A major study of genetically-modified crops has just been released by the US National Academy of Science’s National Research Council. The report is described as “the first comprehensive assessment of the impact of genetically modified crops on American farmers.”
Chief benefits cited related to diminished use of especially harmful herbicides, increased use of no-till farming (which curtails soil erosion and rainwater run-off), and farmer productivity.
However, downsides, especially looking to the future, were also noted, with the report saying “overuse” threatens gains.
“The report found that the crops allowed farmers to either reduce chemical spraying or to use less harmful chemicals. The crops also had lower production costs, higher output or extra convenience, benefits that generally outweighed the higher costs of the engineered seeds.”
But, said the Times, the chairman of the report team “warned that farmers were jeopardizing the benefits by planting too many so-called Roundup Ready crops. These crops are genetically engineered to be impervious to the herbicide Roundup, allowing farmers to spray the chemical to kill weeds while leaving the crops unscathed.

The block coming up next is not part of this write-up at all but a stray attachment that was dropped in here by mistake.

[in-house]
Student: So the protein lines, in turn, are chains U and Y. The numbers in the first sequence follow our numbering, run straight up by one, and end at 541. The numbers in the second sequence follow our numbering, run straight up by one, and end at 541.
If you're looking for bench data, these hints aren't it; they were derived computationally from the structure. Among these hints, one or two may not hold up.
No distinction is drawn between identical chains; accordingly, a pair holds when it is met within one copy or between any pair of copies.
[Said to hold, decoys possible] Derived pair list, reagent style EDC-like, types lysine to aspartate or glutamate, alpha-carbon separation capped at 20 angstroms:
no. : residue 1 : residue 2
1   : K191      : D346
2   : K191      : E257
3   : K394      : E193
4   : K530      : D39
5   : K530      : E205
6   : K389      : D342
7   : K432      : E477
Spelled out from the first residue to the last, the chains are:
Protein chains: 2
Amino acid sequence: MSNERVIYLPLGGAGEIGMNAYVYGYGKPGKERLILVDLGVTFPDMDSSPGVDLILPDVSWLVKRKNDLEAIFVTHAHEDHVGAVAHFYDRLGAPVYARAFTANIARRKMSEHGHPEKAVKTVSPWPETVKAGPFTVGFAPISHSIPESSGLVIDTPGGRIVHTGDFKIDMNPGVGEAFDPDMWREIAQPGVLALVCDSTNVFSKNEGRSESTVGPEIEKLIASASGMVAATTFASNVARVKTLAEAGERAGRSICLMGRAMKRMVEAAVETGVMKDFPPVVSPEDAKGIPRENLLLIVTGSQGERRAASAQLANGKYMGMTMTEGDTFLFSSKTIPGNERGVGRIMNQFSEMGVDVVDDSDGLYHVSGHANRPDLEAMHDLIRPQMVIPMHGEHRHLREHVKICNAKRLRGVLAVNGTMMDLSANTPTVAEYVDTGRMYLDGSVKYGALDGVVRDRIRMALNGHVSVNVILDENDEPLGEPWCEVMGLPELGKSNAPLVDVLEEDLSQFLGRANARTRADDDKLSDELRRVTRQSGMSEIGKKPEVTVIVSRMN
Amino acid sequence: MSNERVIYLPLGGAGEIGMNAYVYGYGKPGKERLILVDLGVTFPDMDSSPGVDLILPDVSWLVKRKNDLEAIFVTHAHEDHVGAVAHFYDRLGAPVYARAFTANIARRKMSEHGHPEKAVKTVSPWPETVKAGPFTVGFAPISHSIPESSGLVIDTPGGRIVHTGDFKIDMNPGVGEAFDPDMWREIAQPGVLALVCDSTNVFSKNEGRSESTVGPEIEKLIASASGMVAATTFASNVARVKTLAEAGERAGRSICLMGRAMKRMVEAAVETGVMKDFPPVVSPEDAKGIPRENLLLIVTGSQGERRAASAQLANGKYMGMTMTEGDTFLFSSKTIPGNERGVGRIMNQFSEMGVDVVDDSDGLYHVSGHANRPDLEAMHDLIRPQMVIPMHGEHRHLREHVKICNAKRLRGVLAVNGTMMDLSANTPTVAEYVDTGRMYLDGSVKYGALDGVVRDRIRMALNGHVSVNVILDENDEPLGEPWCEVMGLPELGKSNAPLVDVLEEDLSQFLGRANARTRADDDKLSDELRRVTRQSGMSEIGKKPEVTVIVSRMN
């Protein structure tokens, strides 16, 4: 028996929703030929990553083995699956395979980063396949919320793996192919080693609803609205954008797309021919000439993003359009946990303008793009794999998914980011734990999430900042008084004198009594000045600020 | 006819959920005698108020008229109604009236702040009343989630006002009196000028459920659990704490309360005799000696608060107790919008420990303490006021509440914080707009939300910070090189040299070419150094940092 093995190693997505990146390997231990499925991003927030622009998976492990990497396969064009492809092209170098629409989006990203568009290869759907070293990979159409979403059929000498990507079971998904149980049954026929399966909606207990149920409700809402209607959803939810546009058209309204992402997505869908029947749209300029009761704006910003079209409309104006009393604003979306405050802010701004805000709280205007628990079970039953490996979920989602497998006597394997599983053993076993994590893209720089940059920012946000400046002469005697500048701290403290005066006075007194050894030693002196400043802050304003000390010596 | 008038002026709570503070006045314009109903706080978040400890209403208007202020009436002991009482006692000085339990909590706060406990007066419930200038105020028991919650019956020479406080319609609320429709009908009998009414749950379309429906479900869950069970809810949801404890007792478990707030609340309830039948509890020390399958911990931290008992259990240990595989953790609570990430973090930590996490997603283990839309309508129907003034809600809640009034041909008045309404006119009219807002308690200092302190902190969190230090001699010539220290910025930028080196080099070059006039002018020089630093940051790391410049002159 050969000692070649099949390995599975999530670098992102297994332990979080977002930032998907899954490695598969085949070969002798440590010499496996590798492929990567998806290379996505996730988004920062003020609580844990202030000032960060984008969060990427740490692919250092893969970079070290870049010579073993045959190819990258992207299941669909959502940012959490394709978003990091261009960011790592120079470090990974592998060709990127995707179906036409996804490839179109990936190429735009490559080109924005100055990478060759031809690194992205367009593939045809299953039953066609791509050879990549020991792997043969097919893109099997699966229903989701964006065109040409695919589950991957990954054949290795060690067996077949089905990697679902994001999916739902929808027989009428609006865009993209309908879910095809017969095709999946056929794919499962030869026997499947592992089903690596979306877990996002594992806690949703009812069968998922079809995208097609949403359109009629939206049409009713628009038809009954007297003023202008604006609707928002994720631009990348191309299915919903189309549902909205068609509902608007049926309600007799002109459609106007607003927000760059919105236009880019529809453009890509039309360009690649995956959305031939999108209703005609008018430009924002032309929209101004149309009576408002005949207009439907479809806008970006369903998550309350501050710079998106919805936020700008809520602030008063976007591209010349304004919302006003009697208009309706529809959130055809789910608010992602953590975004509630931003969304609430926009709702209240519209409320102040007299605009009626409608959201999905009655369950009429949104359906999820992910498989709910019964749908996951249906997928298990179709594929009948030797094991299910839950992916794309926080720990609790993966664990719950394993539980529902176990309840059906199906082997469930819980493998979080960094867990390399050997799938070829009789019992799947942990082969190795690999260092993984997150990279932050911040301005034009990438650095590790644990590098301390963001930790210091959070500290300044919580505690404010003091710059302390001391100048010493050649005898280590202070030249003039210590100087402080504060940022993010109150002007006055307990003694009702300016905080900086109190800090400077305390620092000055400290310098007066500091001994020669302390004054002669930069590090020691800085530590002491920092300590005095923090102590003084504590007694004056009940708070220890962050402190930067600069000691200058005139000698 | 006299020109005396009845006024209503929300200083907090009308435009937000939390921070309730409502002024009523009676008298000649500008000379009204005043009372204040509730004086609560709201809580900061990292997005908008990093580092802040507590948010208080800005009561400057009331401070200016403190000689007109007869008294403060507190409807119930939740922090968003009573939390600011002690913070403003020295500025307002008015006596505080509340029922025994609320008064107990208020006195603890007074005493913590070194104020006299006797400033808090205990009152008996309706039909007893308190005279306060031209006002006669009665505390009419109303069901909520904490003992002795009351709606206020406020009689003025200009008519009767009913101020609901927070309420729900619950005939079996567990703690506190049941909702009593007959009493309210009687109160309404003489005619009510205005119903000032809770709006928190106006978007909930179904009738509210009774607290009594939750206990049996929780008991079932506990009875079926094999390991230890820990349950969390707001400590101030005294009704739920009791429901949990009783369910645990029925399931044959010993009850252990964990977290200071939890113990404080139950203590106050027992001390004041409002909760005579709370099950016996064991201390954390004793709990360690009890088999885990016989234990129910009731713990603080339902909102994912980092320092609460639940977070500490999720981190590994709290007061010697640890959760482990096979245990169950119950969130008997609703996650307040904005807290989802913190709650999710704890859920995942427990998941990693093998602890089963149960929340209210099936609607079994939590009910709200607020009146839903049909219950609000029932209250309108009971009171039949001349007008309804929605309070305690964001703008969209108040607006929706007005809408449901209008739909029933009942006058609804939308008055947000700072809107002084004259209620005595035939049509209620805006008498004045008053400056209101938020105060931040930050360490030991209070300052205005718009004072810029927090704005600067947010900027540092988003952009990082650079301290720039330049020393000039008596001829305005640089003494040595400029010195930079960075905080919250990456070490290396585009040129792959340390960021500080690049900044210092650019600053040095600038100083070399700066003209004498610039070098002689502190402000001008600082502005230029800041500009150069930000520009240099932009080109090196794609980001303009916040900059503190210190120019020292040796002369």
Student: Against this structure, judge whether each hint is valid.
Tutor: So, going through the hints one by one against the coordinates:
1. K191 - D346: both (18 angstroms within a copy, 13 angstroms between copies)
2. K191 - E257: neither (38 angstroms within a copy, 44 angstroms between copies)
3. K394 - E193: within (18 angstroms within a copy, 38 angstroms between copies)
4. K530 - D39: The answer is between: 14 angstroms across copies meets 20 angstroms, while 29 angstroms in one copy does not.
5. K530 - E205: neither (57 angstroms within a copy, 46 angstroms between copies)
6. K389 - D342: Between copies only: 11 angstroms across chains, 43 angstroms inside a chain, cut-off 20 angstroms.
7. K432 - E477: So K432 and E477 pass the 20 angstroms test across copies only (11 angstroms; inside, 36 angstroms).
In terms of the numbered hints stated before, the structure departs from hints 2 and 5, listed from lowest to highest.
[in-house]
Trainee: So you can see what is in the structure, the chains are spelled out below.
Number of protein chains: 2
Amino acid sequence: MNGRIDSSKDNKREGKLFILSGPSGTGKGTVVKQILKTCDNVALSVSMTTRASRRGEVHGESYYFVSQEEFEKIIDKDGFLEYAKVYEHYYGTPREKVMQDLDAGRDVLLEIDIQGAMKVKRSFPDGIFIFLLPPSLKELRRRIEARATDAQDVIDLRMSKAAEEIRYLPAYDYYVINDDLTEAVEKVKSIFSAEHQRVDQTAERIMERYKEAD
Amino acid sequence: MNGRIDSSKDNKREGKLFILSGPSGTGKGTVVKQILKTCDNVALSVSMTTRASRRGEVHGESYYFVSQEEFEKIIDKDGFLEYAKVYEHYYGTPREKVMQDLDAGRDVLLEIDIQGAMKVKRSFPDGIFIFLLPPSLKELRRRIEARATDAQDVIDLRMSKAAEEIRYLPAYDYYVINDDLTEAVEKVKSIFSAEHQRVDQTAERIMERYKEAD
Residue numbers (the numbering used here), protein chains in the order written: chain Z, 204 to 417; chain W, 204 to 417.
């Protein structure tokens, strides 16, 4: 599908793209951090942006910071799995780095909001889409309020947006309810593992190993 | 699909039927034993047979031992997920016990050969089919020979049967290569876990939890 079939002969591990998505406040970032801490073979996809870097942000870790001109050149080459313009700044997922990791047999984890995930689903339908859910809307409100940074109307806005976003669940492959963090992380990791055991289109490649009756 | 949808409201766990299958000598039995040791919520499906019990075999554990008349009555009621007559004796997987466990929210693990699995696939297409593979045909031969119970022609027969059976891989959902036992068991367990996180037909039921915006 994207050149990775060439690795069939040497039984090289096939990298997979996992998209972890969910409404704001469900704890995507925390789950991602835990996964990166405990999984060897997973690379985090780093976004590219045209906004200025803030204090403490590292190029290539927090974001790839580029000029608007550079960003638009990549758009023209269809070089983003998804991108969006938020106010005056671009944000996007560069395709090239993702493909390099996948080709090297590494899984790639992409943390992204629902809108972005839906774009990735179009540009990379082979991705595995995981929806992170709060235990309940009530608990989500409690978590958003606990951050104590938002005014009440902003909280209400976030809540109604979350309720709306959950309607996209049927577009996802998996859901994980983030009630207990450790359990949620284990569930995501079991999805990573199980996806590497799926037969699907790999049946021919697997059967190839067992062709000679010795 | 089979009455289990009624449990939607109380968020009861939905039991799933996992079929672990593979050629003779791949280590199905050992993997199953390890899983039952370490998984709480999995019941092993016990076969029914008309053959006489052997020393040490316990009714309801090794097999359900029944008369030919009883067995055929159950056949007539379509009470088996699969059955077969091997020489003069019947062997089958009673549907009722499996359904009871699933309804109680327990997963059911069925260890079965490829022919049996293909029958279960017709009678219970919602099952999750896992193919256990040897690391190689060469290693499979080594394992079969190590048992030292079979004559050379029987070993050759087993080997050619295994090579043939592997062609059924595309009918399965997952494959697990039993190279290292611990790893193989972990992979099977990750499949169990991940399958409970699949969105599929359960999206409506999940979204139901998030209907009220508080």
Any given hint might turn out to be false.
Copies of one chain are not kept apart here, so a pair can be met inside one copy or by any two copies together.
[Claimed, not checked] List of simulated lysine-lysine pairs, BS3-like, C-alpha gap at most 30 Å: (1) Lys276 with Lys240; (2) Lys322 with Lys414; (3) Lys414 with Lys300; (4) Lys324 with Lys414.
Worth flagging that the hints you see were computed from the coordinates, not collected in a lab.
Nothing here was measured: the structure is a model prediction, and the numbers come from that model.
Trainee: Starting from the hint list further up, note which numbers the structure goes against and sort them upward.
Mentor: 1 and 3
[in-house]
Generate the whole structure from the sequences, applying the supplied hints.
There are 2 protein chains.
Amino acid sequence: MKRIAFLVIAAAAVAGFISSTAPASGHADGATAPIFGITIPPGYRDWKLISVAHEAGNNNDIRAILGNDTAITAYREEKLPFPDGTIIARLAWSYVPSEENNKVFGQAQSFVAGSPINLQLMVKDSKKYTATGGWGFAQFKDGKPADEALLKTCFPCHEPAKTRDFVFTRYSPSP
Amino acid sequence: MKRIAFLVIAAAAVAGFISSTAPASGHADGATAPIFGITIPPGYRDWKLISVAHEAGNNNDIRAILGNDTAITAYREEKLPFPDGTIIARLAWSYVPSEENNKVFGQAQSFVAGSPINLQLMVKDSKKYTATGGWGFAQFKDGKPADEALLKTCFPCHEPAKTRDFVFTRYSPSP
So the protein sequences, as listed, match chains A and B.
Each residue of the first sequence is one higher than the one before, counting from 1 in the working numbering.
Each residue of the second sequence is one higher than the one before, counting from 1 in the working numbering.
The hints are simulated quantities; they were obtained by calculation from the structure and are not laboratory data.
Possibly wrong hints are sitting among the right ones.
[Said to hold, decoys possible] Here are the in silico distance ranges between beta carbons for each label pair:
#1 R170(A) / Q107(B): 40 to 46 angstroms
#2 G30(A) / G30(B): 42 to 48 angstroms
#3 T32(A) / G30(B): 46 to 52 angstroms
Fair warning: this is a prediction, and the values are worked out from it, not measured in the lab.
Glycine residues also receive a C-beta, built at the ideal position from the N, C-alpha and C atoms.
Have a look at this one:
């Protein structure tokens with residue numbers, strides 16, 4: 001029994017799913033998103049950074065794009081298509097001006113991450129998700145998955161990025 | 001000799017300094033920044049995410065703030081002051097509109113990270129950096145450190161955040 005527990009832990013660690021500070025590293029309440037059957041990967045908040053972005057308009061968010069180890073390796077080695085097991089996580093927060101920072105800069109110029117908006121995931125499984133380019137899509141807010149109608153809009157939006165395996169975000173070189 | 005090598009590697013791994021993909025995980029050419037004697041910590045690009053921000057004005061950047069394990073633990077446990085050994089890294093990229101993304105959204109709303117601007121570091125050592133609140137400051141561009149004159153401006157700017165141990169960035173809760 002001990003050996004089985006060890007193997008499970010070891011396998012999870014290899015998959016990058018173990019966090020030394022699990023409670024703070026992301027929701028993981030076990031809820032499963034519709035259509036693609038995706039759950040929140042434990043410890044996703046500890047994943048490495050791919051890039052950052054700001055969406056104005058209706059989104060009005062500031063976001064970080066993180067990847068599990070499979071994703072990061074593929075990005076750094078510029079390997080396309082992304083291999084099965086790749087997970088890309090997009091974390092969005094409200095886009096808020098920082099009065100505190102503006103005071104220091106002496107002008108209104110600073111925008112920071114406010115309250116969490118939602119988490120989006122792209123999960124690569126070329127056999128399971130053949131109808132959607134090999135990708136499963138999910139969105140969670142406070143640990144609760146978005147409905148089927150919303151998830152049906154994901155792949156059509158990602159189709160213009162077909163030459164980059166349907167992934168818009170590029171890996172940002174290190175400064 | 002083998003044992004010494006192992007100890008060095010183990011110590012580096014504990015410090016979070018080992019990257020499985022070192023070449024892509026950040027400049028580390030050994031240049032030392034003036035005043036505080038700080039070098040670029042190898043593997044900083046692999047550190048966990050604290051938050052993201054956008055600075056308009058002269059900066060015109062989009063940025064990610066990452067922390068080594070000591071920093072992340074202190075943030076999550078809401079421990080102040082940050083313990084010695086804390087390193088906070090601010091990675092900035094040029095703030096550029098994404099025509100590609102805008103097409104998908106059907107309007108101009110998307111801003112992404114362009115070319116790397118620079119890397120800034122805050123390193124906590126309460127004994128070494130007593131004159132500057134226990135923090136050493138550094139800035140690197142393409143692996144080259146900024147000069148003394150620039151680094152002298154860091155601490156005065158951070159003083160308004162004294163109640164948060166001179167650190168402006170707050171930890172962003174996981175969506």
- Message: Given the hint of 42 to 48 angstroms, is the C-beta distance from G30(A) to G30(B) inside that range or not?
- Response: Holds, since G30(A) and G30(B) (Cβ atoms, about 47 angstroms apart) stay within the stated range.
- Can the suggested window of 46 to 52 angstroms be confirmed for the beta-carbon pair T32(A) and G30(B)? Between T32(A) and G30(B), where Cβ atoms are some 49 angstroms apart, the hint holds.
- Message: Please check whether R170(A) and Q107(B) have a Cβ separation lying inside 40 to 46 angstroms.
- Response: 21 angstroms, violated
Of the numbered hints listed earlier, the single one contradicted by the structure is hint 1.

“Overuse of this seductively simple approach to weed control is starting to backfire. Use of Roundup, or its generic equivalent, glyphosate, has skyrocketed to the point that weeds are rapidly becoming resistant to the chemical. That is rendering the technology less useful, requiring farmers to start using additional herbicides, some of them more toxic than glyphosate.”
More than 80 percent of the corn, soybean and cotton grown in the United States is genetically engineered. The crops tolerate Roundup, are resistant to insects, or both.
The Times article is comprehensive in reporting a full range of opinions about GE cropping. Well-worth a read.
The full report, as well as an executive summary and Powerpoint presentation, can be downloaded here.